The California Mental Health Services Authority (CalMHSA) is the certifying entity, responsible for certification, examination, and enforcement of professional standards for Medi-Cal Peer Support Specialists in California. All applicants seeking certification are required to successfully pass an exam ensuring any individual holding a certification has meet the minimum educational requirements.

Read our FAQ regarding Medi-Cal Peer Support Specialist Certification at this link.

Screenshot of CalMHSA Peer Certification Website

What is the evidence?

Peer support is recognized as an evidence-based practice for individuals with mental health conditions or challenges. Quantitative and qualitative evidence indicates that peer support:

  • Lowers costs associated with traditional mental health services by reducing re-hospitalization rates and inpatient stays
  • Increased the utilization of outpatient services
  • Improves a person’s quality of life
  • Increases and improves service engagement
  • Increases whole health and self-management

Here are some articles on the evidence of peer support:

People helping each other climb a mountain

What are Peers doing in Marin?

Peers in Marin County have been passing on the message of recovery since the early 90s. Currently, Peers perform a variety of different and unique roles specific to their lived experiences. Here are some examples of the work peers are doing:

  • Work with clinical staff in most of all BHRS Full-Service Partnership (FSP) teams
  • Support individuals on the peer to peer support warmline
  • Engage with youth who are at risk and transitioning into adulthood
  • Conduct outreach and engagement with individuals experiencing homelessness
  • Connect with older adults in isolation
  • Assist adults and young adults in their substance use recovery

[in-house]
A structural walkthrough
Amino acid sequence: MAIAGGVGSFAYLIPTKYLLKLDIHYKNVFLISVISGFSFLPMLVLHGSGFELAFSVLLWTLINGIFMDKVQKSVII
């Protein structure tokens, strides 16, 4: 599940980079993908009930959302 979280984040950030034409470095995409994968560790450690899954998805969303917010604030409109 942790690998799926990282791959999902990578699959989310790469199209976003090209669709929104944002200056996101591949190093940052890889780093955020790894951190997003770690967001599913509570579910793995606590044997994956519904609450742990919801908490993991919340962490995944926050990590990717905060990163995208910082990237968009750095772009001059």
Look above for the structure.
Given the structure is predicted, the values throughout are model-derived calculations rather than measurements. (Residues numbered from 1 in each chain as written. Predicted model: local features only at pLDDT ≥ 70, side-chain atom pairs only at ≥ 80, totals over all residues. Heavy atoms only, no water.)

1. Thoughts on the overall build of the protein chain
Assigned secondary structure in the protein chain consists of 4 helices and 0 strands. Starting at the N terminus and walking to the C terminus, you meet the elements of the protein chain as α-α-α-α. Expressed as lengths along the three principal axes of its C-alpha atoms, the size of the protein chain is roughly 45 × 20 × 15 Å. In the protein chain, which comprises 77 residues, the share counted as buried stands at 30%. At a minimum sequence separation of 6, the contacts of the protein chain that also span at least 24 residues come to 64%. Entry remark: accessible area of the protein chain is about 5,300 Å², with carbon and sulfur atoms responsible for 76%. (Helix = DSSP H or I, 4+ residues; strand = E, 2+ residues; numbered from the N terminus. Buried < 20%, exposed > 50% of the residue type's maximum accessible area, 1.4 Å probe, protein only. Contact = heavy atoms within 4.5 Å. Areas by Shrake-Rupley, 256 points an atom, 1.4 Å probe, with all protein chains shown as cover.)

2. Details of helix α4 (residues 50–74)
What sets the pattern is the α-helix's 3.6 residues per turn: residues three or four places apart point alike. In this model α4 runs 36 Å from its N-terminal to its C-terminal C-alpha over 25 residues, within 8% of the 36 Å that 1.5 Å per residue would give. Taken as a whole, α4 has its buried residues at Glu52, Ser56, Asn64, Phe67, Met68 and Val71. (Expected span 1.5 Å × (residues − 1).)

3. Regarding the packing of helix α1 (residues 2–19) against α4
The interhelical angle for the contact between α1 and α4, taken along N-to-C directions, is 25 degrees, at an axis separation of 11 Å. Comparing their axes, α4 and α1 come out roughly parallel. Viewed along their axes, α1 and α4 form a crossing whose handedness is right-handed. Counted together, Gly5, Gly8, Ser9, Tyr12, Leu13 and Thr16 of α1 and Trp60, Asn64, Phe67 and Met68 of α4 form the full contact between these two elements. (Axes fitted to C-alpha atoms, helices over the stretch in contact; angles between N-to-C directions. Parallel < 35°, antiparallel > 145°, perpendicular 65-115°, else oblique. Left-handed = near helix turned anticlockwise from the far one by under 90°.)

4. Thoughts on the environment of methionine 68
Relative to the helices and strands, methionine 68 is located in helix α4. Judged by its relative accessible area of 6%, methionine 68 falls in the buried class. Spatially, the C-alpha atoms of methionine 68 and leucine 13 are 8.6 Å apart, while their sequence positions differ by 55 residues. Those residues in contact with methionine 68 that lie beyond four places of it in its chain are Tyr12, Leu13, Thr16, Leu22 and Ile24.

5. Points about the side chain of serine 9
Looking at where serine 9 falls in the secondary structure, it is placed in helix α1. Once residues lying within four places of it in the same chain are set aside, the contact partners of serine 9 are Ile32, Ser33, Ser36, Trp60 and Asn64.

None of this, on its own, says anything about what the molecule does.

Peer Digital Resource Guide

We have a guide full of resources that are peer friendly! Is there a resource you would like to add or have input on? Email us!

Would you like to be a part of our peer digital task force? 

The Peer Digital Taskforce is a team of peers dedicated to sharing the awareness of resources available to meet the specific behavioral health needs of the people of Marin County. Our team values the importance of connection and of overcoming the barriers to individuals accessing peer services that are meaningful to recovery and wellness in mental health and substance use challenges. For more information contact Mark Parker at 

Peer Advocacy

We need passionate peers to advocate for more peer voices in our community. BHRS has opportunities for you to be a part of the work!

Join the Peer Recovery Change Team that meets the first Thursday of every month at 12pm via Zoom. For more information, contact Mark Parker at

WET Scholarships

Marin County’s Behavioral Health and Recovery Services (BHRS) has set aside Workforce Education and Training (WET) funds via the Mental Health Services Act (MHSA) for vocational, training, and educational support to residents of Marin County who have lived experience with behavioral health (mental health and/or substance use) conditions, or their families, and who wish to join the behavioral health services profession.